Many of us assume that Nelson Mandela was incarcerated on Robben Island for twenty seven years and suddenly in February 1990 the South African Government had a change of heart and he was released. I certainly did not realise that the danger of a military coup existed almost up until the day of Mandela's inauguration.
He and four others were removed from Robben Island in the early eighties to an isolated suite, in Cape Town's Pollsmoor maximum security prison. This allowed Government discreet access. At this time Nelson Mandela's wife Winnie was banished to the small town of Brandfort in the Orange Free State. The only lawyer in town was a Piet De Waal, who was reluctantly persuaded to become Mrs Mandela's lawyer; to everyone's amazement a firm friendship developed between Mrs Mandela and the De Waal family, especially Mrs De Waal, since all the meetings between them were conducted at the De Waal's family home in Brandfort. This in itself was an extraordinary development, such a relationship,with people who had always been stalwarts of the Afrikaner establishment, was almost unthinkable and indicated a real change of heart on the part of what most would have considered as 'dyed in the wool' Afrikaner volk.
One of De Waal's long term friends, Kobie Coetzee was now Minister of Justice in the Nationalist Government. De Waal persuaded Coetzee to pay a visit to Mandela. By this time even President PW Botha knew that he, somehow, had to bring apartheid to an end. Coetzee's visit took place in the Volks hospital outside the prison, where Mandela had undergone surgery. Coetzee came away convinced that because of Mandela's attitude, which was one of constructive, non-bitter, engagement, that he was the one person that the Government could deal with as a leader in the black community. This resulted in several meeting between Coetzee and Mandela, often in Coetzee's palatial official residence in Cape Town; there were also many meetings between Coetzee and Mrs Mandela in Cape Town at the same time. Mandela's lawyer George Bizos, who had never been allowed a South African passport was given permission to visit Oliver Tambo, Mandela's long time friend and associate, In Lusaka; this ensured that all the elements of the ANC were involved in what was occurring.
Coincident with all this a watershed event took place when the Commonwealth Heads of Government sent a group of 'eminent persons', headed by Malcolm Fraser, an ex-Prime Minister of Australia to South Africa to see if they could find a way of developing dialogue. This initiative was sabotaged by Magnus Malan, the Nationalist defence minister who ordered attacks on ANC bases in Zambia, Zimbabwe and Botswana while the 'eminent persons group' was still in the country. At the same time Botha declared a nationwide state of emergency. In protest the 'eminent persons group' left South Africa immediately recommending that the Commonwealth impose comprehensive mandatory sanctions against South Africa. Most reformists then gave up hope, but not Mandela. He demanded a meeting with PW Botha. He actually met with Coetzee, with the full sanction of Botha. Coetzee widened the discussion group, within the Government, and had many, many meetings with Mandela (forty seven in all) to discuss the future of South Africa.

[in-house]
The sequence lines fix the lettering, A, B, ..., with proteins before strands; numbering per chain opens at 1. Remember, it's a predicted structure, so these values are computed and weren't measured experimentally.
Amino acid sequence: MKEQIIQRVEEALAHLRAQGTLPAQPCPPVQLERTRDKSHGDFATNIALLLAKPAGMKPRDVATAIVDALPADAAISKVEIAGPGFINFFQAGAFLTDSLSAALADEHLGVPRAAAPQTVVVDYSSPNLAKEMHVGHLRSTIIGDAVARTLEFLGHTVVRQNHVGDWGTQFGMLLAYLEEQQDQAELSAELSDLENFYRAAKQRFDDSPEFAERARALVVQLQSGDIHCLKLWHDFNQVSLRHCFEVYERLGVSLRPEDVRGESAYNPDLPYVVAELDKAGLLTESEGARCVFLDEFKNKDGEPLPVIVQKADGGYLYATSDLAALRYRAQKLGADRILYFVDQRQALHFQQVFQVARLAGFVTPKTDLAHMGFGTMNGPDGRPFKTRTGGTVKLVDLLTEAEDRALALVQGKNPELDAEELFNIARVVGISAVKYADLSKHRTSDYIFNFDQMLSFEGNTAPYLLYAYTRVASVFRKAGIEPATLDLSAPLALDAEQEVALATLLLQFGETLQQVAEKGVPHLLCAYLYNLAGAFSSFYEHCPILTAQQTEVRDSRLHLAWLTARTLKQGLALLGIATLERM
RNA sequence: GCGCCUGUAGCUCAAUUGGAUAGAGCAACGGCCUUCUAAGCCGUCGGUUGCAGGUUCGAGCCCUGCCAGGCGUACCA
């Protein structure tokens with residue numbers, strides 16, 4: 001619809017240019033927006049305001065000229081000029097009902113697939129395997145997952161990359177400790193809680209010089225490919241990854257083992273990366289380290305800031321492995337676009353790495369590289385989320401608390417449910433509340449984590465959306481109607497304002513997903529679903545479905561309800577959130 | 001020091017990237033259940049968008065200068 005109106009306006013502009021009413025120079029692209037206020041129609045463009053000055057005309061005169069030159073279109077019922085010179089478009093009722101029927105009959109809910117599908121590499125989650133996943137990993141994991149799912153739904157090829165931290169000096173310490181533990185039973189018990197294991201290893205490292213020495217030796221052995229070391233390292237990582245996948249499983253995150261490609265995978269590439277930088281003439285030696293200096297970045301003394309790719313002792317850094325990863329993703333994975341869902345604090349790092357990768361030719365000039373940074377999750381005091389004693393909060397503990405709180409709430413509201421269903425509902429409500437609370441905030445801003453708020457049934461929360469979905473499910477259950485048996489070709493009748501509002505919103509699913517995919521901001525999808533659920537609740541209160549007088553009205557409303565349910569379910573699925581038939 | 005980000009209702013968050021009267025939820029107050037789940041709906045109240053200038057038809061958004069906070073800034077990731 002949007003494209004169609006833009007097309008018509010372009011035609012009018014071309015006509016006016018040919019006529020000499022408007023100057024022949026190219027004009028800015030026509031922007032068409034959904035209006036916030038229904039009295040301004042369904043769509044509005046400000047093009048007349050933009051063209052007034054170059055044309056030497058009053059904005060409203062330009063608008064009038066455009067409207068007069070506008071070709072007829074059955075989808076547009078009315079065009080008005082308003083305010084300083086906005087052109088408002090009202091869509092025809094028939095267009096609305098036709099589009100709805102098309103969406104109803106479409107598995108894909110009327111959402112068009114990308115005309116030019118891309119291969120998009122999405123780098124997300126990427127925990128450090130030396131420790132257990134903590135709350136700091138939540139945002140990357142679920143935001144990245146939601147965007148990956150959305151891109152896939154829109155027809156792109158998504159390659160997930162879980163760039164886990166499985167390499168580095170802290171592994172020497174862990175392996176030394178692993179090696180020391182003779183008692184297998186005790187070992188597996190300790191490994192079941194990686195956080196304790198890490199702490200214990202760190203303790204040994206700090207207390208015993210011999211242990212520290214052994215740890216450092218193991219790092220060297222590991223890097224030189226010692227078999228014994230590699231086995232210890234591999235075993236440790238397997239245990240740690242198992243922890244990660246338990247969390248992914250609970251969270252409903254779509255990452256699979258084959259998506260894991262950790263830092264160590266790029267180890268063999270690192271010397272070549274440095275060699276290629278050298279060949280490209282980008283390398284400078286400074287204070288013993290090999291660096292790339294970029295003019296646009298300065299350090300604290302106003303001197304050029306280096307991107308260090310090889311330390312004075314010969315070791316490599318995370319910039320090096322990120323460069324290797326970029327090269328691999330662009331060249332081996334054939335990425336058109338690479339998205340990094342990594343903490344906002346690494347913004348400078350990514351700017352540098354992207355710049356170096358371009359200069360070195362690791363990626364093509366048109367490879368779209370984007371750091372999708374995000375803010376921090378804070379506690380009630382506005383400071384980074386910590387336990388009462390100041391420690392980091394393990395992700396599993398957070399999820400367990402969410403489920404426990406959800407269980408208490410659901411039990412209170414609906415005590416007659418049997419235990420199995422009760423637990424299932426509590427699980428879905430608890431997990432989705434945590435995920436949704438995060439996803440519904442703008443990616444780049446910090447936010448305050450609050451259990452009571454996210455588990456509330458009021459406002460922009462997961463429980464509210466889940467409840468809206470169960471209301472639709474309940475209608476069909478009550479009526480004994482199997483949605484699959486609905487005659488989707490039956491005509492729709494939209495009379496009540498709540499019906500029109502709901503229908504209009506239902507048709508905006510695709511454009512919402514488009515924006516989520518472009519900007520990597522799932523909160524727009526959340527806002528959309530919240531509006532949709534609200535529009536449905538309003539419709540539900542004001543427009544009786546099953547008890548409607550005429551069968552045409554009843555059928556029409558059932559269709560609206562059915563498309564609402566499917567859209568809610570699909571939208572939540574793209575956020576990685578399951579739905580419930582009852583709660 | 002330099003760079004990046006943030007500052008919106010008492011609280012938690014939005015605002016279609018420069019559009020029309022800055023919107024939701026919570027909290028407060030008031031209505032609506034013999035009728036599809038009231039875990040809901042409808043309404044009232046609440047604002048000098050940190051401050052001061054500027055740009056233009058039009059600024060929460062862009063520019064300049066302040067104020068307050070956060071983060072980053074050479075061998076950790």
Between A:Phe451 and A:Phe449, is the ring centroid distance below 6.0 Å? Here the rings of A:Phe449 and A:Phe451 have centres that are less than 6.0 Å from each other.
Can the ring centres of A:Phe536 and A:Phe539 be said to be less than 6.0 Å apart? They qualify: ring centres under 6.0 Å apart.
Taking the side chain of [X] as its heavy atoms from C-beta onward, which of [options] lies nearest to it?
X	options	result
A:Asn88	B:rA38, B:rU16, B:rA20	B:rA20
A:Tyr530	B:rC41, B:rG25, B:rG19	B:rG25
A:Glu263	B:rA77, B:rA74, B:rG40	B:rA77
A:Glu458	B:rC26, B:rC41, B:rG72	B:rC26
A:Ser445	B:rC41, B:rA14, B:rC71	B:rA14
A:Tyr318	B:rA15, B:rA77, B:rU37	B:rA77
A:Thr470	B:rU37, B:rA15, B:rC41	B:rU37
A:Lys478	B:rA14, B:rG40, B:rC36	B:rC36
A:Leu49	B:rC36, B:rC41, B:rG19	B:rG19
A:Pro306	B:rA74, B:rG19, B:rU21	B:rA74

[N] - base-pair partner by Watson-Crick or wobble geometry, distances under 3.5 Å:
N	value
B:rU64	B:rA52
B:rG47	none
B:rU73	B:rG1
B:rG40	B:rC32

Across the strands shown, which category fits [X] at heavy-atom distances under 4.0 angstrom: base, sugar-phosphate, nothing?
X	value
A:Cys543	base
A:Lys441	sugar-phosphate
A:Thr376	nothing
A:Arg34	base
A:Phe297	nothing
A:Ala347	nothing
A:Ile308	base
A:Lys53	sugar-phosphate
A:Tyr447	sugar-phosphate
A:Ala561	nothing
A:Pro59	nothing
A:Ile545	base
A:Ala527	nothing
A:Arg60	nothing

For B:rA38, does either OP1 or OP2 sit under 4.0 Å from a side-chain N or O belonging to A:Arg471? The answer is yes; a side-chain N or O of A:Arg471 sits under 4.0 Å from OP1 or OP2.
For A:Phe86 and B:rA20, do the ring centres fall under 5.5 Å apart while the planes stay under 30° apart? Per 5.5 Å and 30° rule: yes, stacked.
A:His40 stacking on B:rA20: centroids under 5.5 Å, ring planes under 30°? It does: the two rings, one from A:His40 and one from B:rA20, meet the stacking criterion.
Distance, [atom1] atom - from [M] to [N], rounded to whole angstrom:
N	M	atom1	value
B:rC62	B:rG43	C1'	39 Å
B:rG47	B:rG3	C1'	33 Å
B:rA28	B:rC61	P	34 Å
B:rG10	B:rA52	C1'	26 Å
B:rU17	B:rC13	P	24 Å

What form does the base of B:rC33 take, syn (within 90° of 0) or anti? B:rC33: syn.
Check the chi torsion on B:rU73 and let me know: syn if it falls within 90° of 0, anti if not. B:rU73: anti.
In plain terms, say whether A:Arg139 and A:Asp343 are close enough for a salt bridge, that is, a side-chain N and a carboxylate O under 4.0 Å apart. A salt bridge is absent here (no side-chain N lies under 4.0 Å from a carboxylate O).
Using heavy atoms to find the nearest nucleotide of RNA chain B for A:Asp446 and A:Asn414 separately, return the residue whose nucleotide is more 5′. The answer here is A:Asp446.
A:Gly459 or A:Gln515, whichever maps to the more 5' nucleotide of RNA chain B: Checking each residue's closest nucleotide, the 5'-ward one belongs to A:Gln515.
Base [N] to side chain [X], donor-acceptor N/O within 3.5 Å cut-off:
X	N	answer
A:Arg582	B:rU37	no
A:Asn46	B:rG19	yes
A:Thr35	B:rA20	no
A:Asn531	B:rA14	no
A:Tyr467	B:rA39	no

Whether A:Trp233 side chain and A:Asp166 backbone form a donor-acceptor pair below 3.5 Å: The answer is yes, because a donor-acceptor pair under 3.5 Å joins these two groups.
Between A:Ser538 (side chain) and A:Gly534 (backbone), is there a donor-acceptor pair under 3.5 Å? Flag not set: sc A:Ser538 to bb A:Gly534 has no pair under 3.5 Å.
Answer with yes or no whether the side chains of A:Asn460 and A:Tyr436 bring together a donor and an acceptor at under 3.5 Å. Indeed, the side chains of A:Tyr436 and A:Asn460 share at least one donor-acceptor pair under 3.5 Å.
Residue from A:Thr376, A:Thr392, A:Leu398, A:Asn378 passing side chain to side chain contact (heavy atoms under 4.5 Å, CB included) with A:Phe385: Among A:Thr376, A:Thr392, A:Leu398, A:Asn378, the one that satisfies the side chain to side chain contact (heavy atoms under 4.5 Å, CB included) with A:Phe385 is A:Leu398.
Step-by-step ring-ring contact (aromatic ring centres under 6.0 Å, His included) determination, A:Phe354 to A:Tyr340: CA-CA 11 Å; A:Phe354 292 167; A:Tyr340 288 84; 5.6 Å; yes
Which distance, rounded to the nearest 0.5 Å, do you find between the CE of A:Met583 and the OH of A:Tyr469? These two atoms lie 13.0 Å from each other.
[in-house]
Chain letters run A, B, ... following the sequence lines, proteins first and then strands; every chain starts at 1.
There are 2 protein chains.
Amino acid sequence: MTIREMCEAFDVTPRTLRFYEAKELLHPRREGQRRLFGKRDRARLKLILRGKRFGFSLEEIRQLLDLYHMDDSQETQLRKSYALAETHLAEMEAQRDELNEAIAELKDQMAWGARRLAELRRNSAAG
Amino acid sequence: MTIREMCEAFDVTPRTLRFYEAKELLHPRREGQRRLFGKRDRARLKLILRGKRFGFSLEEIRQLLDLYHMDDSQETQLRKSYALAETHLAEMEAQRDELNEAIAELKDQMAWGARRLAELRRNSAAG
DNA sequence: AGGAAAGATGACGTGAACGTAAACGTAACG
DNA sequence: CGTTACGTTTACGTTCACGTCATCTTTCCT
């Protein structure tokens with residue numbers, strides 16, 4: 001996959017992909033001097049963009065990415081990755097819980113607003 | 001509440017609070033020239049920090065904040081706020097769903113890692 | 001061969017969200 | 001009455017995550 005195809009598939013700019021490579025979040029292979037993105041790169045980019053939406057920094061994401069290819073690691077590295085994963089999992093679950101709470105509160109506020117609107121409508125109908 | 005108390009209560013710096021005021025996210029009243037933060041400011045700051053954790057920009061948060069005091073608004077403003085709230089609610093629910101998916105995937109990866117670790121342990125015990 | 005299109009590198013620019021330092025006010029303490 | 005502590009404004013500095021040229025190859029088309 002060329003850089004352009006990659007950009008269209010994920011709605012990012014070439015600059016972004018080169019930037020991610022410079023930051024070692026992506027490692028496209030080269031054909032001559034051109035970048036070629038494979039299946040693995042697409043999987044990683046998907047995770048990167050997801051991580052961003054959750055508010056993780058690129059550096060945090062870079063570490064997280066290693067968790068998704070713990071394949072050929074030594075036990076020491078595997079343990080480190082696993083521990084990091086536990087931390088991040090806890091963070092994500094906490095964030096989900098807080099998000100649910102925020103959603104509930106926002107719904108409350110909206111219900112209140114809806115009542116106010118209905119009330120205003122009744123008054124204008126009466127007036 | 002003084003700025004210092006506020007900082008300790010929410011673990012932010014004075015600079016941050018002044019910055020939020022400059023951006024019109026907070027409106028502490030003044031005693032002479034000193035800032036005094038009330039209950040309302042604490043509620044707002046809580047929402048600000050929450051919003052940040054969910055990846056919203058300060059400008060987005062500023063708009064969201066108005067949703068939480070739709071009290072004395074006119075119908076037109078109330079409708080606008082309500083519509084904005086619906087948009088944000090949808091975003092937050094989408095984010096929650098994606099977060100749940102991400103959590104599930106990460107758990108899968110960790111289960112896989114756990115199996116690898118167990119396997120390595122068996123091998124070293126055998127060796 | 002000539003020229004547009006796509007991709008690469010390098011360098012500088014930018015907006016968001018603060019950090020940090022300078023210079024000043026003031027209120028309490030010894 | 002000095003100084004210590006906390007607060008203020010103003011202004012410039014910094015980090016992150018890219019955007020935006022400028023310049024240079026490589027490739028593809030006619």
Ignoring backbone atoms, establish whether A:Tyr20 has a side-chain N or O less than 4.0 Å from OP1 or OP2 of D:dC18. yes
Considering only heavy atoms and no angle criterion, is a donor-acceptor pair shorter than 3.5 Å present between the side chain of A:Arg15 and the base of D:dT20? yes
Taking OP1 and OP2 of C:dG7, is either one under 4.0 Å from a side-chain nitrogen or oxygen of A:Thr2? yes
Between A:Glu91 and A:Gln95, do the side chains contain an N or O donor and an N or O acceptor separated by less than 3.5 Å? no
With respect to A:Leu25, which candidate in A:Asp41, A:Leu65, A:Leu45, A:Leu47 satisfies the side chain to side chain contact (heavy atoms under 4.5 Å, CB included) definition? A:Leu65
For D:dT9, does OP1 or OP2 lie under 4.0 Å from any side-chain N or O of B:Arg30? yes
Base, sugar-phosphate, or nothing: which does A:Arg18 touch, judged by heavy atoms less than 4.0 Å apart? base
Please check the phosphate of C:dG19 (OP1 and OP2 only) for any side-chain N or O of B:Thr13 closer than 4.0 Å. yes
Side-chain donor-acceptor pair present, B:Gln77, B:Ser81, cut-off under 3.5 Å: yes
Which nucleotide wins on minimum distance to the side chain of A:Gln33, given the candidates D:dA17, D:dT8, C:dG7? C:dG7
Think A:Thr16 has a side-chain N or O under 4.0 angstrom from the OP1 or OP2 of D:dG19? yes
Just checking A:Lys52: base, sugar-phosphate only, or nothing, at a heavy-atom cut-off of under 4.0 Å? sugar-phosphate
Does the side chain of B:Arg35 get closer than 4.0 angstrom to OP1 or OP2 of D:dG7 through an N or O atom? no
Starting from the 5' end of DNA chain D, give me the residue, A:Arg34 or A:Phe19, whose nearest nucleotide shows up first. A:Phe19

Mandela was moved to Victor Verster prison in Paarl in December 1988. He was accommodated in the deputy chief warden's comfortable house in the grounds of the prison, where he was able to meet with various Government delegations and members of his family. He was allowed to send an occasional fax and was permitted one telephone call to the ANC offices in Lusaka.
Further taking the initiative, in March 1989, Mandela sent PW Botha a memorandum setting out the position of the ANC, which amounted to one man one vote and that they would not give up the armed struggle until the Government gave up its monopoly on power. He was also conciliatory in his approach recognising that South Africa's whites needed some reassurances in order to give up their monopoly on power. Botha had just recovered from a stroke and was persuaded to meet with Mandela. The meeting took place on July 5th 1989, at night, at the President's official residence in Cape Town. The meeting was cordial and constructive but nothing much resulted from it, although clearly once the meeting had occurred there was no going back and the route to a settlement had been embarked upon. Somehow news of the meeting leaked and was all over the press within days.